As a writer confronting the belligerent radical opposing forces of her country, she displayed immense fortitude against all odds. As a single woman, she singlehandedly confronted radical forces, paying no heed to their threats and fatwas. The spate of attacks multiplied with the appearance of her fourth novel Lajja in February 1993. The novel almost served as a documentary, chronicling the plight of the Hindu minority community living in Bangladesh in the aftermath of the destruction of the Babari Masjid in Ayodhya on 6 December 1992. As she observed in her interview: “It is a documentary novel about the precarious existence of the Hindu minority in Bangladesh especially in the aftermath of the destruction of the Babri Mosque… I was writing about the oppression of the Hindus by the Muslim majority in the name of religion.”
In 1994, Muslim fundamentalists issued fatwas declaring her an apostate. They demanded her execution and called for banning of all her books. Cases were also filed against her editors and publishers. The charged atmosphere in her country ultimately led the government to file a case against her. However, under pressure from Western countries and several human rights groups, Bangladesh gave consent to grant her bail if she left the country. Taslima managed to leave her homeland and get asylum in Sweden. But ever since she has been a target of attacks from fundamentalists.
In Poems from a Safe House, Taslima aptly sums up her position in the twenty third lyric: “I was human; I had a family, and dreams. I too had my terrace garden, my markets, my afternoon theatres, and friends’ houses. Suddenly, in the blink of an eye, because of a handful of people, I became a forbidden object.” However, as a writer and a creative thinker Taslima has not been the sole target of radical terrorism in Bangladesh in the recent past. A spate of killings of Bangladeshi bloggers by Islamic extremists has recurrently captured the headlines in the past few years or so, most notable among them being Avijit Roy, a Bangladeshi American blogger and an engineer.
Prior to the attack, Roy, an outrageous proponent of secularism and free thought, had declared on social media: “I have profound interest in freethinking, scepticism, philosophy, scientific thoughts and human rights of people”. In 2015 alone, five secular bloggers were murdered in separate attacks in Bangladesh. Each of these incidents sparked outrage and anguish throughout the world, but the violence continued. The attacks on writers and free thinkers in Bangladesh have been matched by other countries of the sub-continent. Yet of all these activists and free thinkers, one voice that stands out is that of Malala Yousafzai – the Pakistani child activist espousing the cause of female education and the youngest recipient of the Nobel Peace prize.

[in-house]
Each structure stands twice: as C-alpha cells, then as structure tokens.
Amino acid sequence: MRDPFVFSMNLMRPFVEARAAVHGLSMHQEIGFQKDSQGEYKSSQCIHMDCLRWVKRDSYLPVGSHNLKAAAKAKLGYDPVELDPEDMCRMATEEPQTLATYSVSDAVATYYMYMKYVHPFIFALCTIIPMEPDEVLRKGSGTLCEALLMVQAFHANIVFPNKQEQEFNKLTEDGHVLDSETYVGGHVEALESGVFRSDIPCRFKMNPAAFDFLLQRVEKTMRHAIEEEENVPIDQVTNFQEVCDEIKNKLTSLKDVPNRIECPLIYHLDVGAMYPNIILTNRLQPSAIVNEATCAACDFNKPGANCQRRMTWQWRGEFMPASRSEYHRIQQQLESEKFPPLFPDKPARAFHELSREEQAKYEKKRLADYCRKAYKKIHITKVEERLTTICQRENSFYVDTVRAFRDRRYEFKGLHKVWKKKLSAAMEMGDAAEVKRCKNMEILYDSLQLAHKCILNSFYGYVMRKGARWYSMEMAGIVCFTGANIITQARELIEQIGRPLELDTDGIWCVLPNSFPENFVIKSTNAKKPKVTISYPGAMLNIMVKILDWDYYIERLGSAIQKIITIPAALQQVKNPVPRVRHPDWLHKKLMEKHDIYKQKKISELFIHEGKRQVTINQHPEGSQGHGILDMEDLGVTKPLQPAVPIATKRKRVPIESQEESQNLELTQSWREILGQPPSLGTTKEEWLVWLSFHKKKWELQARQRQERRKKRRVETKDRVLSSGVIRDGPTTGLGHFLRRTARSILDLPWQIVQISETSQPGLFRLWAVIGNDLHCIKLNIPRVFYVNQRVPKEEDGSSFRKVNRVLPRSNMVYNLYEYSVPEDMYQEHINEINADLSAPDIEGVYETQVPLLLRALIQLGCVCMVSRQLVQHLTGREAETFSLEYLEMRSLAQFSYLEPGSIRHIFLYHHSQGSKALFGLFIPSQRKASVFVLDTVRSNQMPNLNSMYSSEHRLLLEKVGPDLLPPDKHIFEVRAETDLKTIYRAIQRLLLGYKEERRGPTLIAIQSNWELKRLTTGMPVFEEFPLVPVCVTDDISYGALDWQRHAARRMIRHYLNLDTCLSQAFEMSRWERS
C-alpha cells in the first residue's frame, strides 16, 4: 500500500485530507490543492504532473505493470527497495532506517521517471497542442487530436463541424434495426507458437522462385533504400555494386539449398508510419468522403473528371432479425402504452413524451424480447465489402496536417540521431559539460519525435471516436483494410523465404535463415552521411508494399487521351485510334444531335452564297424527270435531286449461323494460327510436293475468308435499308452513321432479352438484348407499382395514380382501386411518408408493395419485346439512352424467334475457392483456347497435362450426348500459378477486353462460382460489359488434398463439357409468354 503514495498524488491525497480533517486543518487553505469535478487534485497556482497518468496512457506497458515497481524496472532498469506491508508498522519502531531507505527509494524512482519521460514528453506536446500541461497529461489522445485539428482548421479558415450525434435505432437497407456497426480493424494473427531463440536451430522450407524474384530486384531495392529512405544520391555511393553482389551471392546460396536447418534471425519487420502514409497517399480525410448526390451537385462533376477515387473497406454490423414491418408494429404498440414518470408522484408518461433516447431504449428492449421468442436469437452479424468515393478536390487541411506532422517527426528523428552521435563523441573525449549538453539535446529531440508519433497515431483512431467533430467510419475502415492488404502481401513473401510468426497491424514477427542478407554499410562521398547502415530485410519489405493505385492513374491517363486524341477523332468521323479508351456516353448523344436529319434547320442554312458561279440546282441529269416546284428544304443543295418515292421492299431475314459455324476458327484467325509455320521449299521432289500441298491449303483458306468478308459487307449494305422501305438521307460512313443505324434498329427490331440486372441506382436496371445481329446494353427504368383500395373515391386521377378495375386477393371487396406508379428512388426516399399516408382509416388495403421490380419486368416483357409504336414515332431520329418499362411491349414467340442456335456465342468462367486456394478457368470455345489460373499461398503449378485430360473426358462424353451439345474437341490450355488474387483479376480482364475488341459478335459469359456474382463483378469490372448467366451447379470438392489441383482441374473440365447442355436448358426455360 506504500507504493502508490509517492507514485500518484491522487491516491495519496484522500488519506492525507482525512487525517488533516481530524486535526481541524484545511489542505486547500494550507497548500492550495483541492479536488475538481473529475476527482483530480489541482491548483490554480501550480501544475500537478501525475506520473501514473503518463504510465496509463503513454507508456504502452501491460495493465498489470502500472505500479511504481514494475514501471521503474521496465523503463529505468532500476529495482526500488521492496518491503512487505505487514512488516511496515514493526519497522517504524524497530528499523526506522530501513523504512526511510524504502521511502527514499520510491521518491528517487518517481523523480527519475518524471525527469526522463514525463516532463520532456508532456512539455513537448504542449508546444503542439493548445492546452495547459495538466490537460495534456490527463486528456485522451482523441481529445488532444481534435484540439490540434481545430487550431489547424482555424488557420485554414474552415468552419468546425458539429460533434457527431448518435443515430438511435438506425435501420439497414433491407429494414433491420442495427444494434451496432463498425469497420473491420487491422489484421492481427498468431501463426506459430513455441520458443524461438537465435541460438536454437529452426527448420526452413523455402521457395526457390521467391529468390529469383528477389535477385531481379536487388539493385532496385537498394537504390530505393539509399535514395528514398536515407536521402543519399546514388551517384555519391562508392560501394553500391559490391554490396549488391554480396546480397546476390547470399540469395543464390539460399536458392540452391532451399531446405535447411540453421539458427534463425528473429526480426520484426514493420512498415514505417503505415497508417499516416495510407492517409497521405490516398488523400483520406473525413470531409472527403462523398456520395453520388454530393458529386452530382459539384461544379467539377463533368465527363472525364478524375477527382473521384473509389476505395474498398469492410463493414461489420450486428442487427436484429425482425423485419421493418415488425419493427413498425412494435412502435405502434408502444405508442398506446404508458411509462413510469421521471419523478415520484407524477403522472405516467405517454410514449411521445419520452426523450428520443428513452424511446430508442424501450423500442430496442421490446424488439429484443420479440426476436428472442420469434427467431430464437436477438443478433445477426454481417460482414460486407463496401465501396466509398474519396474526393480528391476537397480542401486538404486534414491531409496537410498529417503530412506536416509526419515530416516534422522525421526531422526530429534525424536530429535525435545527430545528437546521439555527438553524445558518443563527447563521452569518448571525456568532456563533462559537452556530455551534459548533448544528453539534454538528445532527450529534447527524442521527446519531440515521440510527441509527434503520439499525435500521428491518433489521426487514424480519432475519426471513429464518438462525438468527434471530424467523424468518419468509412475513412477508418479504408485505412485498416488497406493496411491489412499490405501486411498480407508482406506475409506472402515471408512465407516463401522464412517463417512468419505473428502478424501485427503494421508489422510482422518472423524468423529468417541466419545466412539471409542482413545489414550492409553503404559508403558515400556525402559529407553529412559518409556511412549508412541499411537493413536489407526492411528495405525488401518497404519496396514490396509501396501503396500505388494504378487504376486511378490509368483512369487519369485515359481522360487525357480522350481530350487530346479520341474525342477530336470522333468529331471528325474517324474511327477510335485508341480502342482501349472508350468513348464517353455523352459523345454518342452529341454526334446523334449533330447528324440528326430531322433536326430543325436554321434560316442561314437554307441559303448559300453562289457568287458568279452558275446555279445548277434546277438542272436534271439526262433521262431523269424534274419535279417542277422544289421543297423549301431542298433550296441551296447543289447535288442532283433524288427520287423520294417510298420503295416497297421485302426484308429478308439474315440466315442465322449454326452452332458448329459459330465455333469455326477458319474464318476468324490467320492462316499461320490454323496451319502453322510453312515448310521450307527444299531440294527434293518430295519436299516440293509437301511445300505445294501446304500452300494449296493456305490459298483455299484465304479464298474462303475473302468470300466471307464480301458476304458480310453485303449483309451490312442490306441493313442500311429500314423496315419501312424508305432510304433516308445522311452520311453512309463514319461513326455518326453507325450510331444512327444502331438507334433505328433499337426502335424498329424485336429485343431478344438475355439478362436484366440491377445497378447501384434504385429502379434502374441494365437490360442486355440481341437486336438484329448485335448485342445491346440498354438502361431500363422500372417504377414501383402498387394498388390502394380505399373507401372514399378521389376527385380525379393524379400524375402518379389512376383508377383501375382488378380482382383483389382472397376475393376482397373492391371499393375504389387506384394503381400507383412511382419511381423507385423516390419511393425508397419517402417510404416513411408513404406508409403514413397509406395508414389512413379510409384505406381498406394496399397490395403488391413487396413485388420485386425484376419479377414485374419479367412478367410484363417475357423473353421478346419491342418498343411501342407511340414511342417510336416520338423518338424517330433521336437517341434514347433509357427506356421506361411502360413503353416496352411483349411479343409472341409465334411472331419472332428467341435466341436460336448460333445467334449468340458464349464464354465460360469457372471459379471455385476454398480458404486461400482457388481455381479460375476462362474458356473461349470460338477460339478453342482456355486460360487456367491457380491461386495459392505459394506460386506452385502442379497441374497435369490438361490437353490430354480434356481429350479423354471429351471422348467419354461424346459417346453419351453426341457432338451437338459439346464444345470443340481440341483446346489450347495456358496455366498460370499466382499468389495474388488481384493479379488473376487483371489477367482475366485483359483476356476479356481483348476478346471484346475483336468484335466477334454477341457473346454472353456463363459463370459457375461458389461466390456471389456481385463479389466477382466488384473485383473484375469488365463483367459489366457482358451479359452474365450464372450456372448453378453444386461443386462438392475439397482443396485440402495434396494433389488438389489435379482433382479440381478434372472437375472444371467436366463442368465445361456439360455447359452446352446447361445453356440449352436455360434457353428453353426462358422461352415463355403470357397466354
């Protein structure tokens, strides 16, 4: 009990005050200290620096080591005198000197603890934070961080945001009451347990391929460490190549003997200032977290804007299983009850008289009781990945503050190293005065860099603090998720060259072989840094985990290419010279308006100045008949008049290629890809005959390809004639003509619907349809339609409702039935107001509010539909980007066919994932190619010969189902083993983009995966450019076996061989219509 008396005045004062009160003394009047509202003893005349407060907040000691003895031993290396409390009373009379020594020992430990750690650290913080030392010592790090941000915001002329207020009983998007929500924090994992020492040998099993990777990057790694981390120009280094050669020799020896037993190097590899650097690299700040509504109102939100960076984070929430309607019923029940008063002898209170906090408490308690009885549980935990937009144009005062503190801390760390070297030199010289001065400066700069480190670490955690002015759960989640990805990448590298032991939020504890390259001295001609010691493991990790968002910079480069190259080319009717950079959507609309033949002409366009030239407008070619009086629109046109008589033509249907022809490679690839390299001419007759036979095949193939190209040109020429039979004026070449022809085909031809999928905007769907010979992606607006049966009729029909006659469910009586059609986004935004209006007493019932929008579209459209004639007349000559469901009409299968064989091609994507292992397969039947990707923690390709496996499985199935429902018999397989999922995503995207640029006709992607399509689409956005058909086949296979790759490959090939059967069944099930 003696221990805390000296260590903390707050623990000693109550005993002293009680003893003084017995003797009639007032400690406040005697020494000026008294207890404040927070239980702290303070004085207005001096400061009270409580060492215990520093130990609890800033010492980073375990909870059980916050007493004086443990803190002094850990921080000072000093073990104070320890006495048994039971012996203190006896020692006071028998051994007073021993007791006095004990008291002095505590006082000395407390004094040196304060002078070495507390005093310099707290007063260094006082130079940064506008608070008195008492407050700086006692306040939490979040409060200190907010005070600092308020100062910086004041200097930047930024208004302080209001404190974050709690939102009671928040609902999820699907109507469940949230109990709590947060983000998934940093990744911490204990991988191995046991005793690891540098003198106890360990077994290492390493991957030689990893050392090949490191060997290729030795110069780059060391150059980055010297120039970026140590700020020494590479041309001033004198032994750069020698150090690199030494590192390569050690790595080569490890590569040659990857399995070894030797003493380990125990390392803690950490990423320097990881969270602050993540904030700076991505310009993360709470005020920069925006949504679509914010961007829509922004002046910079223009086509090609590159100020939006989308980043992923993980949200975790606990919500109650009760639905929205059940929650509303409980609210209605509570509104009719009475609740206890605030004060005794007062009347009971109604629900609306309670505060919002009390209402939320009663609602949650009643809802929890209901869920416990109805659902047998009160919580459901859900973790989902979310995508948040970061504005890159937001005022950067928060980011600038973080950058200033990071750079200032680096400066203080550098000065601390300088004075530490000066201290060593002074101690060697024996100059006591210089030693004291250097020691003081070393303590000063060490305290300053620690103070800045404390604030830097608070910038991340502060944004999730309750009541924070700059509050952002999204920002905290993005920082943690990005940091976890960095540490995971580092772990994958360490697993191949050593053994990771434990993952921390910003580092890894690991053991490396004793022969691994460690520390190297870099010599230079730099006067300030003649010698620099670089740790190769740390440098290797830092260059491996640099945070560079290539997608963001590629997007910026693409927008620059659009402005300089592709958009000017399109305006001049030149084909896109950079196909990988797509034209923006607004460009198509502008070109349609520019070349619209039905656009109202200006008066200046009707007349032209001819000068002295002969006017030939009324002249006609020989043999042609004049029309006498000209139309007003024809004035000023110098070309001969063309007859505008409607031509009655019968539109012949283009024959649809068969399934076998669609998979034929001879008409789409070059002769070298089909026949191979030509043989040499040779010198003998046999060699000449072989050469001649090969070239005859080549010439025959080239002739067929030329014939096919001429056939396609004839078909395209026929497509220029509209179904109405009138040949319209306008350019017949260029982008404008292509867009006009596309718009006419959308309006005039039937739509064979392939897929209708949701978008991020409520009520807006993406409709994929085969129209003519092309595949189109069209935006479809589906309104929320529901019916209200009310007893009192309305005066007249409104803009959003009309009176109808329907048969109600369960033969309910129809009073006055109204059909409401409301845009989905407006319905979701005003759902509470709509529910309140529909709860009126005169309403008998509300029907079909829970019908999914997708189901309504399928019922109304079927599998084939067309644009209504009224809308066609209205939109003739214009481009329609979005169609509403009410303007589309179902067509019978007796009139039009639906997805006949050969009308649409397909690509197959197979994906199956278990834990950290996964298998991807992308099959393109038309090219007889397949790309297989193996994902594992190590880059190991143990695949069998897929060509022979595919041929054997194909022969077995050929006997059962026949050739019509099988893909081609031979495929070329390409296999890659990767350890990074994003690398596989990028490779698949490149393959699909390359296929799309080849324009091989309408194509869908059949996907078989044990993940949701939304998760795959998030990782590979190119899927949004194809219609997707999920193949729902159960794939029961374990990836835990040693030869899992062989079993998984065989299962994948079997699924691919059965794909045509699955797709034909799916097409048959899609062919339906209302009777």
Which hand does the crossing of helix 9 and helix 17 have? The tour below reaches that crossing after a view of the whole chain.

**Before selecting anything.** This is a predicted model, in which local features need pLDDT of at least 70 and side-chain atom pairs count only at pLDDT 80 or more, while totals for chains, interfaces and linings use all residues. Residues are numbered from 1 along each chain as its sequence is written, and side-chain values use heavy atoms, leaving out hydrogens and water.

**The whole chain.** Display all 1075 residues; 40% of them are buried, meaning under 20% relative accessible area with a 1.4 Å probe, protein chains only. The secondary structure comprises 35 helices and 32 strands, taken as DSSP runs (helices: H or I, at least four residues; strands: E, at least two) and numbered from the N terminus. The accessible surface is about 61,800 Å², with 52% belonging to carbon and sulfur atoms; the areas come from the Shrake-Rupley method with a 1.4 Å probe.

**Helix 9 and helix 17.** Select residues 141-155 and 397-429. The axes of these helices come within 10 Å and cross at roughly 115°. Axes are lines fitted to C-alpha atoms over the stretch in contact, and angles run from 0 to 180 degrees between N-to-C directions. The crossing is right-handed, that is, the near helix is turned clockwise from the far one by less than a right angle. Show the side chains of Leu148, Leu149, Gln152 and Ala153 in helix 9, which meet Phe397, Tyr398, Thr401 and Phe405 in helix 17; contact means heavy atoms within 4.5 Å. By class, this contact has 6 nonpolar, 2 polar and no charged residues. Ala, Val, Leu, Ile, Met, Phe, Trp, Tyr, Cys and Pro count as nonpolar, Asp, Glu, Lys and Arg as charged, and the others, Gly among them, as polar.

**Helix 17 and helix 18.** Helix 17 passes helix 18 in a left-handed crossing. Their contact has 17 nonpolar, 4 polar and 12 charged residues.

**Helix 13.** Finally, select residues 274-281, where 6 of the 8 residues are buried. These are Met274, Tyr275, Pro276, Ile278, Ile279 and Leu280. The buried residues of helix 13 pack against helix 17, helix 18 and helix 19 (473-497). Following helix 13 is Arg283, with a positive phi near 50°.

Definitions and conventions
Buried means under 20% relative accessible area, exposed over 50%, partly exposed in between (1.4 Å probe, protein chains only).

Hailing from Mingora, Khyber Pakhtunkhwa in Pakistan, she too wrote a blog under a pseudonym for BBC Urdu exploring her life during the tenure of Taliban occupation of the Swat. It was on 9 October 2012 that Malala became a direct target of terror, when she was shot at by Taliban gunmen. She was flown in an air ambulance provided by the UAE to the UK, where she recovered at the Queen Elizabeth Hospital in Birmingham. Post her recovery, she played a key role in the establishment of peace and child rights. In her autobiographical memoir I am Malala: The Girl Who Stood Up for Education and was Shot by the Taliban, Malala narrates the chilling circumstances in which she was shot at – the heavy price she had to pay for pursuing education against all odds, defying the recurrent threats of the Taliban.
Today Malala is a global ambassador of peace. As a messenger of peace, she fulfils her commitments, actively asserting the right to education of the girl child throughout the world. What is also remarkable is her vindication of the right of education for the girl child on religious lines: “Today we all know education is our basic right. Not just in the West; Islam too had given us this right. Islam says every girl and every boy should go to school.” But at the end one wonders what threat exactly does an individual writer or creative thinker pose to be a terrorist target? Inevitably, it is the clash of ideologies that paves the way for such showdowns.
Unfortunately, the radical reactionaries or the fascist polities believe that by silencing an individual, independent creative voice their cause would be furthered. On the contrary, threats, fatwas, attacks, intimidation and displacement seem to strengthen the cause of the writer or the activist resisting in exile. In spite of repeated threats and recurrent violent attacks on their lives, these writers have been relentlessly obdurate in offering resistance to the parochial cause of the polities and religious fundamentalists.
(The writer is currently the Dean of Arts, St Xavier’s College, Kolkata)